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Cycling Training Tips

  • Bike choice comes down to what type of bike you are most comfortable on. People primarily use triathlon bikes or road bikes to compete in triathlon, just be sure the bike fits you well and that you have been able to practice on it. Triathlon bikes are more sport-specific and what the more competitive triathletes use, but road bikes can work just fine if the fit is right. It is difficult to be competitive using a mountain bike or other style of bike.
  • Biking is all about leg strength.  If you need more speed, make your legs stronger.  Concentrate on quads, making sure to balance that with hamstring strength so you’re not imbalanced.
  • Many pro riders ride with a fast cadence, around 100 RPM.  If you’ve got a cadence meter, use it!  Riding at a higher cadence allows you to use your endurance muscles (the slow twitch fibers) instead of your sprint muscles (the fast twitch fibers).  Your sprint muscles won’t last very long!
  • Use aerobars.  The less wind resistance you have, the faster you can go for the same amount of strength.
  • Bike position.  Ideally you want to be positioned on your bike in such a way that the combination of aerodynamics and comfort is maximized.
  • Nutrition is important on the bike, especially for longer races. You want to hydrate yourself and add useful calories at regular intervals – rather than waiting until you are thirsty or hungry. Practice riding with plenty of water, sport drinks, or gels.  A good rule of thumb is to take a drink of water or sport drink every 20 minutes while riding, regardless of how you feel.
  • If you want to make your training more precise, consider a power meter which tracks your power output (in watts), cadence, and pedal balance. This can help you understand the intensity of each workout and your progress over time.  Power doesn’t lie!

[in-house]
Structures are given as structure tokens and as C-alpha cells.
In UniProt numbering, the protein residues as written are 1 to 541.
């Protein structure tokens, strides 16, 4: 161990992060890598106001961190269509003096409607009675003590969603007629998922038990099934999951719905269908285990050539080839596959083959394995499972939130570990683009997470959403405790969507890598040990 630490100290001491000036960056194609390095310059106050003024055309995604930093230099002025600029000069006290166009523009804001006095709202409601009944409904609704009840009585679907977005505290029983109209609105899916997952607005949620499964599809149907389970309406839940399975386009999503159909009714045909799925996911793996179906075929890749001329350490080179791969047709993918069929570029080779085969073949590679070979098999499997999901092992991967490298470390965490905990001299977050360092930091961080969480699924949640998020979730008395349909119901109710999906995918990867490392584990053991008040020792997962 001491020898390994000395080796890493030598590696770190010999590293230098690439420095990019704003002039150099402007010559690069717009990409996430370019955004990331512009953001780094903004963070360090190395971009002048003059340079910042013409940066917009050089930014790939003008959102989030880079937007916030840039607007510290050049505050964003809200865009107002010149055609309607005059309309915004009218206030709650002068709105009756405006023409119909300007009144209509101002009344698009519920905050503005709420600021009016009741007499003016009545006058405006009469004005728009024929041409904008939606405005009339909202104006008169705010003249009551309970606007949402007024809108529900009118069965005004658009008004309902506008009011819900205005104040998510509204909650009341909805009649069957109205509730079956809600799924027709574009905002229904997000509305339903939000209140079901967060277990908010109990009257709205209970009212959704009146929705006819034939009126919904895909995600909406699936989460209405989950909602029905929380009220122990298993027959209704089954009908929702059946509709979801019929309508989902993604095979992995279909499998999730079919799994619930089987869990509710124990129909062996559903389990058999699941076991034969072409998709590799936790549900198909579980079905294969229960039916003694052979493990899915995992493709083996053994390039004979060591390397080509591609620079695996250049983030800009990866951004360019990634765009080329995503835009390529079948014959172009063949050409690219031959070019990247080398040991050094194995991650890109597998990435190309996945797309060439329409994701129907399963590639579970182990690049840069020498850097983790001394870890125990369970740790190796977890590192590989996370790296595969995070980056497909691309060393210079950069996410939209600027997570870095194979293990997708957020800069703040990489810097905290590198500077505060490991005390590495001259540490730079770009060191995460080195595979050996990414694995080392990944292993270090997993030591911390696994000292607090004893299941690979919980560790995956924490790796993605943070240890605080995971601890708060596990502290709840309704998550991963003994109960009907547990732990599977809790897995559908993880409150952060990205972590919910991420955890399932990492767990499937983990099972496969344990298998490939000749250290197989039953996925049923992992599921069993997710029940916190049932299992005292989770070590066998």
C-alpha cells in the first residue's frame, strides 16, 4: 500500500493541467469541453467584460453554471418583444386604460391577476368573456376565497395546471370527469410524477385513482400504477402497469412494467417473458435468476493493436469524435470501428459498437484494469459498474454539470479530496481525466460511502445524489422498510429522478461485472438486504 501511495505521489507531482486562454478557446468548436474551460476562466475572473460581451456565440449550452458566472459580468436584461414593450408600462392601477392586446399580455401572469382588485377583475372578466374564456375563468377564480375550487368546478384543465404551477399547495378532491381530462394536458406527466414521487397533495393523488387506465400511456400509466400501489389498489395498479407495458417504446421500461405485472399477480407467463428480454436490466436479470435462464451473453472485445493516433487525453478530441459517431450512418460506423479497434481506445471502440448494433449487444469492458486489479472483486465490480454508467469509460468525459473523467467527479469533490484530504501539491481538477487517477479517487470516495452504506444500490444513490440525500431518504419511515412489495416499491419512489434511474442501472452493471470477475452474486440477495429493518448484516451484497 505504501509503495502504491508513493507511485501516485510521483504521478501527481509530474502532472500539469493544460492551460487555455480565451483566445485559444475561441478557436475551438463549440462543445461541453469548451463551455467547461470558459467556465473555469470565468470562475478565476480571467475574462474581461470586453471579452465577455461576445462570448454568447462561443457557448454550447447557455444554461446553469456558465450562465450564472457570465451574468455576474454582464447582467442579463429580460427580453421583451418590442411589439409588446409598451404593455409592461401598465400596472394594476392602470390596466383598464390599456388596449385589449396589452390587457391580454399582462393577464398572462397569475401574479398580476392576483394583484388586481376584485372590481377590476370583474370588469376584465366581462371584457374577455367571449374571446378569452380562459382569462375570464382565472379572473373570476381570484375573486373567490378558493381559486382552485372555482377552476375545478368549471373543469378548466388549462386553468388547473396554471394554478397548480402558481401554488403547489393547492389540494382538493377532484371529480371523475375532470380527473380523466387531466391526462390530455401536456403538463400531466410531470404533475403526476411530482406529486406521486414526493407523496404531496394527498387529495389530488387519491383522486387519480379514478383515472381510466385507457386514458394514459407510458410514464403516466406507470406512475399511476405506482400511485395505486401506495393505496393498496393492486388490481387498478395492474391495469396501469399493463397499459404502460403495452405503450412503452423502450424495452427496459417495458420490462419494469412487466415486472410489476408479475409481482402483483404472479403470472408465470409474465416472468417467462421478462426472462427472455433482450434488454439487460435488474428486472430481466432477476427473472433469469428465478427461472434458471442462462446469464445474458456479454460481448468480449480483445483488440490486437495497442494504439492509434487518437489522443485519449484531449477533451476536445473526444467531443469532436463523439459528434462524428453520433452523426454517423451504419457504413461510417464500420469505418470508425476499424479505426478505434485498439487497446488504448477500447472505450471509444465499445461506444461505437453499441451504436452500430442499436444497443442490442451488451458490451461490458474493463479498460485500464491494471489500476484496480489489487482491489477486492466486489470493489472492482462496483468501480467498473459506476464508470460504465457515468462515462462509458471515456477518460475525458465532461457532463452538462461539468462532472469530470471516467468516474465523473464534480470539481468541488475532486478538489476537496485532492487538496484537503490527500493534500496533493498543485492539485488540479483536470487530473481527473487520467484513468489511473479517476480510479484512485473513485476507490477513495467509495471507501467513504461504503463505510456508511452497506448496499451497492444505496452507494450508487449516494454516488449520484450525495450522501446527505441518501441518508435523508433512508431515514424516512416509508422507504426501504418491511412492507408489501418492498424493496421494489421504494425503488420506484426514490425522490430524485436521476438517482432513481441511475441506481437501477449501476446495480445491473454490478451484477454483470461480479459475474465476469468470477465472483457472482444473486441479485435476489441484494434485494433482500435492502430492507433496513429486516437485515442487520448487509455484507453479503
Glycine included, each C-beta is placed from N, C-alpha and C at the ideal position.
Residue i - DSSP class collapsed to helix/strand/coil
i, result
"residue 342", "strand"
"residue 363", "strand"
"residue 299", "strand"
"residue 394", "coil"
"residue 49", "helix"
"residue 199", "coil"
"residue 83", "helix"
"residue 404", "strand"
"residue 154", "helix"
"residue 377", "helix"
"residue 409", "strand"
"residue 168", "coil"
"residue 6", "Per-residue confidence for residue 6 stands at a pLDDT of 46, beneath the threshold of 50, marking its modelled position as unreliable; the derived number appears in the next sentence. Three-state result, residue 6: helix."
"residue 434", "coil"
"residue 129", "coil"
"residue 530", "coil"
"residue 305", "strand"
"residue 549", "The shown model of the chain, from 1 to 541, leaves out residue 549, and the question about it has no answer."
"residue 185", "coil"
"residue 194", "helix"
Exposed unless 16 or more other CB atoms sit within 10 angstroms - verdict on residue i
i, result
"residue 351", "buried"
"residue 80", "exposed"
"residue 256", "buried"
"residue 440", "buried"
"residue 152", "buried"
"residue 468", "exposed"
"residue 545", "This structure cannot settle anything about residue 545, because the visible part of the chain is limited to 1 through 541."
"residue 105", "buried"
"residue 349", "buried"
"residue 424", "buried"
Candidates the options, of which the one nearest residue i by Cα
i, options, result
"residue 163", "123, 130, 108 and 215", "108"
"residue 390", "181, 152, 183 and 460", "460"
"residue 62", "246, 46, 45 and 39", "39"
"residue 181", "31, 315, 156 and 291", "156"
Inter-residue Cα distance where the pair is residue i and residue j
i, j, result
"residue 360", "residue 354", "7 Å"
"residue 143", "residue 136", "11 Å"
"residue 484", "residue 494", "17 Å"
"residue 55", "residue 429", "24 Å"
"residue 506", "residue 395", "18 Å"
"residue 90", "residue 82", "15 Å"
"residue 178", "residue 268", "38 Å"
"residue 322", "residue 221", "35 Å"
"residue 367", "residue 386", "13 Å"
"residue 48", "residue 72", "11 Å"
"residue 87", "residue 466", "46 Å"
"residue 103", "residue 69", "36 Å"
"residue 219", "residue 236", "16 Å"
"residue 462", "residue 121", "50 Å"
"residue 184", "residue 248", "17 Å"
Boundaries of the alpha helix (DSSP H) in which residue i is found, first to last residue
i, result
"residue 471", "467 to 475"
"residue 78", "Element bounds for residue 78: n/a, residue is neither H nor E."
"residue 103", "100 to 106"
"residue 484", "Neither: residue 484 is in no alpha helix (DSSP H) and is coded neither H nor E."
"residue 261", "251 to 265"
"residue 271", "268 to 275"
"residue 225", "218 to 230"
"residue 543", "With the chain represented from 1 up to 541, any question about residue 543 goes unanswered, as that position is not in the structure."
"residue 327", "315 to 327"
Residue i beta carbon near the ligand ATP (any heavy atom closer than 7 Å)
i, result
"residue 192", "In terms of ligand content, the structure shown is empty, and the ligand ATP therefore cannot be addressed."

• Don’t forget your helmet and eyewear. Most races will not allow you to race if you do not have a proper bike helmet on.
  • Always carry a simple bike repair kit with you.  The majority of on-road bike issues (like a flat tire) can be quickly fixed, at least well enough for you to be able to get home again.
  • If you will be racing in an area with hilly bike legs, be sure you spend some time training on hills. Climbing a hill requires a different type of training than riding on flats.
  • Try to train on the actual bike that you will be racing on.  With indoor options like Peloton, it can be tempting to train on a bike that might not be your race bike. Even a couple centimeters can make a difference in the fit and feel of a bike, and it is important to do much of your training on your actual race bike.

Common Team Cycling Routes

These are some common cycling routes we go in during team rides in the Orange County area.  The difficulty ratings are categorized by distance and course elevation, not by the pace we ride them.

Back Bay – 12.3 miles (easy)

San Diego Creek Trail – 21.9 miles (easy-medium)

Back Bay to Turtle Ridge Loop – 20.8 miles (medium)

Santiago Canyon – 49.4 miles (Hard)